Before the tax code overhaul this year, a variety of transactions – not just real estate – qualified for 1031 exchange treatment. These transactions also called “like-kind exchanges,” were allowed for any type of property used for business or held as an investment, including exchanges of personal or intangible property such as artwork or other collectibles. The new rules now limit exchanges to real estate only.

But many types of real estate qualify. An investor can exchange a single-family home held for investment in New York for a farm in Colorado or a small strip shopping center in Las Vegas, as long as all those properties are used for business or investment purposes.

Many investors engage in successive 1031 exchanges, effectively swapping each of their properties into bigger and better ones. Ultimately, when the investor dies, the heirs who inherit the last property receive a “stepped-up basis,” which means that the property is valued at the market value at the time of death. If the heirs sell it then, there’s likely no gain – and hence, no capital-gains taxes due – on the sale.

“You keep buying and selling and roll the profits from one to the next,” said David Goss, co-founder and managing principal of Interra Realty, a brokerage in Chicago. “And when you die, and your kids inherit them, they get a stepped-up basis so the capital gains are gone forever.”

•    Beware of the personal property. Personal property is excluded from like-kind exchanges. So, if you’re exchanging an apartment building and it has appliances, you need to determine how much of the value is attributable to the building and how much for the appliances. “That’s an area where you have to watch out,” Mr. Moskowitz says.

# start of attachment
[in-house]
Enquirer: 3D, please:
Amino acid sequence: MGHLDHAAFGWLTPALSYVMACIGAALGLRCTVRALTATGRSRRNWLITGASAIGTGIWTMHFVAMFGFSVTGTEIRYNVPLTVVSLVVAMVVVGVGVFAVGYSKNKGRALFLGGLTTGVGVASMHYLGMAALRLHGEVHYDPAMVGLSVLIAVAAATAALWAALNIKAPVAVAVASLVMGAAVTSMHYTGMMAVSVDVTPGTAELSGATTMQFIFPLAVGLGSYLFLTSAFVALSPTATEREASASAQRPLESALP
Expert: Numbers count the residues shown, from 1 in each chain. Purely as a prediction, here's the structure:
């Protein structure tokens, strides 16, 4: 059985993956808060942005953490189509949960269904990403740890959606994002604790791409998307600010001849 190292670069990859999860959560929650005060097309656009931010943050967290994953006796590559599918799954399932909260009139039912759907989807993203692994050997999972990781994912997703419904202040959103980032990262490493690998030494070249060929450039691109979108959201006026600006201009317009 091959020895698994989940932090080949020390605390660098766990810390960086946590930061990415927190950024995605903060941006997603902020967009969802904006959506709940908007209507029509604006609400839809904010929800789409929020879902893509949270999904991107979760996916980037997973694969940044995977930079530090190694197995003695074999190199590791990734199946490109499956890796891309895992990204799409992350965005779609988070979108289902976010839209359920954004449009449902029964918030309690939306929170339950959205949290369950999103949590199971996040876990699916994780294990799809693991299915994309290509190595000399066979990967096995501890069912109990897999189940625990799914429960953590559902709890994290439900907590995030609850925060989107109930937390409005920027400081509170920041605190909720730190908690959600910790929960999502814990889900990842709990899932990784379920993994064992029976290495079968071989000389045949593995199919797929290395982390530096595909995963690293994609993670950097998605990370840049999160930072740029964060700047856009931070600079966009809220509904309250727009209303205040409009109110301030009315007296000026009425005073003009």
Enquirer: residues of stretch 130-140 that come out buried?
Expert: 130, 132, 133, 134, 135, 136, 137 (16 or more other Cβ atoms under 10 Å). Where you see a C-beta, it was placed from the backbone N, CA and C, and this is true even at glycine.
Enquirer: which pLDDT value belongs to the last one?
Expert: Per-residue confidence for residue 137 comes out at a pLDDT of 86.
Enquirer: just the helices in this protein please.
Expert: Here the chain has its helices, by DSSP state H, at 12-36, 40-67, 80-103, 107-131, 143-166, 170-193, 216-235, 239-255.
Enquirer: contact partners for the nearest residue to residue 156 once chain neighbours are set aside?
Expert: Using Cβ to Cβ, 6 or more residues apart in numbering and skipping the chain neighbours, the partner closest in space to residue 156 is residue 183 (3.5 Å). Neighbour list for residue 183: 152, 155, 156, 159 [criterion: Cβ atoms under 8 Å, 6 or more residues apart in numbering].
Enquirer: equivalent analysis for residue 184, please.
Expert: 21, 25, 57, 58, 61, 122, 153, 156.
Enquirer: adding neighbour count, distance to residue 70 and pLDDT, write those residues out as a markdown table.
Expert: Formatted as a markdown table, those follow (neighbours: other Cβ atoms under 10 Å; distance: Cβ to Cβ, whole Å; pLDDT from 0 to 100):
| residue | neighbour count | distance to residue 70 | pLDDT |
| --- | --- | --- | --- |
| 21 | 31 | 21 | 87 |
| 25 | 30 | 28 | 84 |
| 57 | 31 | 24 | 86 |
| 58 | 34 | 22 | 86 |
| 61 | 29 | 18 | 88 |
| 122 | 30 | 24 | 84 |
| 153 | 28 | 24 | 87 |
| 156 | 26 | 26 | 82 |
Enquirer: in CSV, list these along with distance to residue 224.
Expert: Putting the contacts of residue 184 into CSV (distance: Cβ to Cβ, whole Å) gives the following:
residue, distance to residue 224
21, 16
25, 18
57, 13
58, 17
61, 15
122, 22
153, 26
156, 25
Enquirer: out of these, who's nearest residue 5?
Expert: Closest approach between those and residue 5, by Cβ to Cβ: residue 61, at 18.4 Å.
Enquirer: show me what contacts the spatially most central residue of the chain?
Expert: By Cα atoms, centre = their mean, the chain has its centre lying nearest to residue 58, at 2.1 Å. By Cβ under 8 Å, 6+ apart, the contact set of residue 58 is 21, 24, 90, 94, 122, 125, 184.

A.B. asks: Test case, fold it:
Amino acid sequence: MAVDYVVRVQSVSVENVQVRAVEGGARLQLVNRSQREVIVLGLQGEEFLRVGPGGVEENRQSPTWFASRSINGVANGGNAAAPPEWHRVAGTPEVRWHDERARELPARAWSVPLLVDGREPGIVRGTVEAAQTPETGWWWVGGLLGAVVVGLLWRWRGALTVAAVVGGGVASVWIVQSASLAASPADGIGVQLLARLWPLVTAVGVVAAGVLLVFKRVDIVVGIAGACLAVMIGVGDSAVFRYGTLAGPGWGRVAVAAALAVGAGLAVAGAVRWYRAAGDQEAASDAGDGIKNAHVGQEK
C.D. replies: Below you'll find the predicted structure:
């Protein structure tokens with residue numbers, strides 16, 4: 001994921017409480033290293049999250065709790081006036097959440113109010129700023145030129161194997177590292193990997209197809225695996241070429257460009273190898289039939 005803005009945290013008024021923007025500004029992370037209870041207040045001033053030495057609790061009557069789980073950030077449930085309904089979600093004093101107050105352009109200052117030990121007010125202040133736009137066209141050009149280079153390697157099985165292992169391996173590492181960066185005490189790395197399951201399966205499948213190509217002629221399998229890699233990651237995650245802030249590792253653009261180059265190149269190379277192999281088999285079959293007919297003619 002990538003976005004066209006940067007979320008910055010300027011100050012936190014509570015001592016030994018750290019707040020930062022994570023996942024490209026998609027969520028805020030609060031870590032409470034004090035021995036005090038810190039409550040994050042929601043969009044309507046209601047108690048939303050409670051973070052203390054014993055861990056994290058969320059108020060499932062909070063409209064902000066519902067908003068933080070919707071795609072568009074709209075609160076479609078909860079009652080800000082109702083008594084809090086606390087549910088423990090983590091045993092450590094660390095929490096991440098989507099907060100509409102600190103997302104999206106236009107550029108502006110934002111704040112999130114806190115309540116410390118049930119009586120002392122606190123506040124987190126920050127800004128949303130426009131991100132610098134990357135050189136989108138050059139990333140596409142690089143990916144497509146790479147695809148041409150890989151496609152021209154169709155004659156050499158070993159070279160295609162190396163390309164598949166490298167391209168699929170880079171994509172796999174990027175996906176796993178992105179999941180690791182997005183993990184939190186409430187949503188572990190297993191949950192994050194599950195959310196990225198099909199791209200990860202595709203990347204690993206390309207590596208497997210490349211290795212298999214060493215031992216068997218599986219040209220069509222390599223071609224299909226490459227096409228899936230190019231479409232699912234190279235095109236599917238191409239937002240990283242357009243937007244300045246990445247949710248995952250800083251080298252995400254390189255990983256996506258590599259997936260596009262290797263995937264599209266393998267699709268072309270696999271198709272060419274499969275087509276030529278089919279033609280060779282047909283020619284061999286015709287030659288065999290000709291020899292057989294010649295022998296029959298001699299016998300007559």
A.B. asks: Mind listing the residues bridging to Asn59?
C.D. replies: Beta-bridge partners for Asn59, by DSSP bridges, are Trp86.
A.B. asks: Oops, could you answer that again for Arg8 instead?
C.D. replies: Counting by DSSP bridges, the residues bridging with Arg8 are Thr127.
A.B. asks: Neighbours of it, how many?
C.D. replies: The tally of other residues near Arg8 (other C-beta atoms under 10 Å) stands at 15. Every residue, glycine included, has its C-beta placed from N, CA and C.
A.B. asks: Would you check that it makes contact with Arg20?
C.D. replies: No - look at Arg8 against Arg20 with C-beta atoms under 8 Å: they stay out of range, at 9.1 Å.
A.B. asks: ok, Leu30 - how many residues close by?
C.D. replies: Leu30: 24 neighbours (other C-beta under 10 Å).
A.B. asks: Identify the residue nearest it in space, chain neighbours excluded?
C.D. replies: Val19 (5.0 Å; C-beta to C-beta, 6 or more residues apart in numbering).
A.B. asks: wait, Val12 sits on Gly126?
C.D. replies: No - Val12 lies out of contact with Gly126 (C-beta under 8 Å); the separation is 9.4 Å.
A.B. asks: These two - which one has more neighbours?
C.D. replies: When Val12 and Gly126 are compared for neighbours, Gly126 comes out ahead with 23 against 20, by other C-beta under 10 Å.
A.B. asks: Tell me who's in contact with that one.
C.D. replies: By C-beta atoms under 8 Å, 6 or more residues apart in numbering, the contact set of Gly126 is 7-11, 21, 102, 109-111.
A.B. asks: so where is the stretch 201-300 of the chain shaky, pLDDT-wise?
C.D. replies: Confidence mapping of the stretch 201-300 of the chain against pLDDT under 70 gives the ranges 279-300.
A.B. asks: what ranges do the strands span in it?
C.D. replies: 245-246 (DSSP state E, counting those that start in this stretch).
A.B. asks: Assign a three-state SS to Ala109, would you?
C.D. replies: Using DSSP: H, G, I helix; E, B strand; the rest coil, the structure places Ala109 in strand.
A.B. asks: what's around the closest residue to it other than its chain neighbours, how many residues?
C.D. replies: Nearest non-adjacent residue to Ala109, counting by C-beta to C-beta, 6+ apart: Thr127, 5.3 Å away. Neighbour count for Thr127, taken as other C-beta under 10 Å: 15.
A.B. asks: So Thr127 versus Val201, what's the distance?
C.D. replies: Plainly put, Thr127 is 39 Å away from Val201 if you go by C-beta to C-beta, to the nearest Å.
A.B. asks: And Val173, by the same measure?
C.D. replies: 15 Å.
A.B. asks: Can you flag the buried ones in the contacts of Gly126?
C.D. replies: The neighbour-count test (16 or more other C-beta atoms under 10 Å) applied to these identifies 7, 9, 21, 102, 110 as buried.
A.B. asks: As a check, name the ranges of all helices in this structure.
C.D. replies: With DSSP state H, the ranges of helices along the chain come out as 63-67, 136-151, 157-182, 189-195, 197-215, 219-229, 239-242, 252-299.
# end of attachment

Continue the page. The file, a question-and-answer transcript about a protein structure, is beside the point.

Robyn A. Friedman, WSJ, Friday, November 16, 2018

Thank you for all of your questions, comments and suggestions for future topics. As always, they are much appreciated. We may be reached in our Dayton office at 937-436-3133 or in our Xenia office at 937-372-3504. Or, visit our website.

This Week’s Author – Mark C. Bradstreet, CPA

–until next week

Tax Tip of the Week | Students Get Help From Judges January 2, 2019

Posted by bradstreetblogger in : Deductions, General, tax changes, Tax Deadlines, Tax Planning Tips, Tax Preparation, Tax Tip, Taxes , add a comment

Students Get Help From Judges

To give you an idea of the pervasiveness of this issue, student loan debt “has eclipsed credit cards as the largest source of consumer debt after mortgages.”  Please read the write-up below for potential relief for some former students.

Mark Bradstreet, CPA

“More bankruptcy judges are throwing lifelines to people struggling to repay their student loans after decades of refusing to consider any sort of relief.

In interviews with the Wall Street Journal, more than 50 current and former bankruptcy judges, frustrated at seeing borrowers leave federal courtrooms with six-figure debts, say they or their colleagues are more open to chipping away at the decades-old guidelines that determine how such debt is treated.

“If the law’s not going to be improved by Congress, we have to help these young people who are drowning in student loan debt, said U.S. Bankruptcy Court Judge John Waites in South Carolina.

Outright cancellations remain rare, but judges said they have other tools at their disposal, including asking lawyers to represent borrowers for nothing. The lawsuits can cost $3,000 to $10,000 and take years.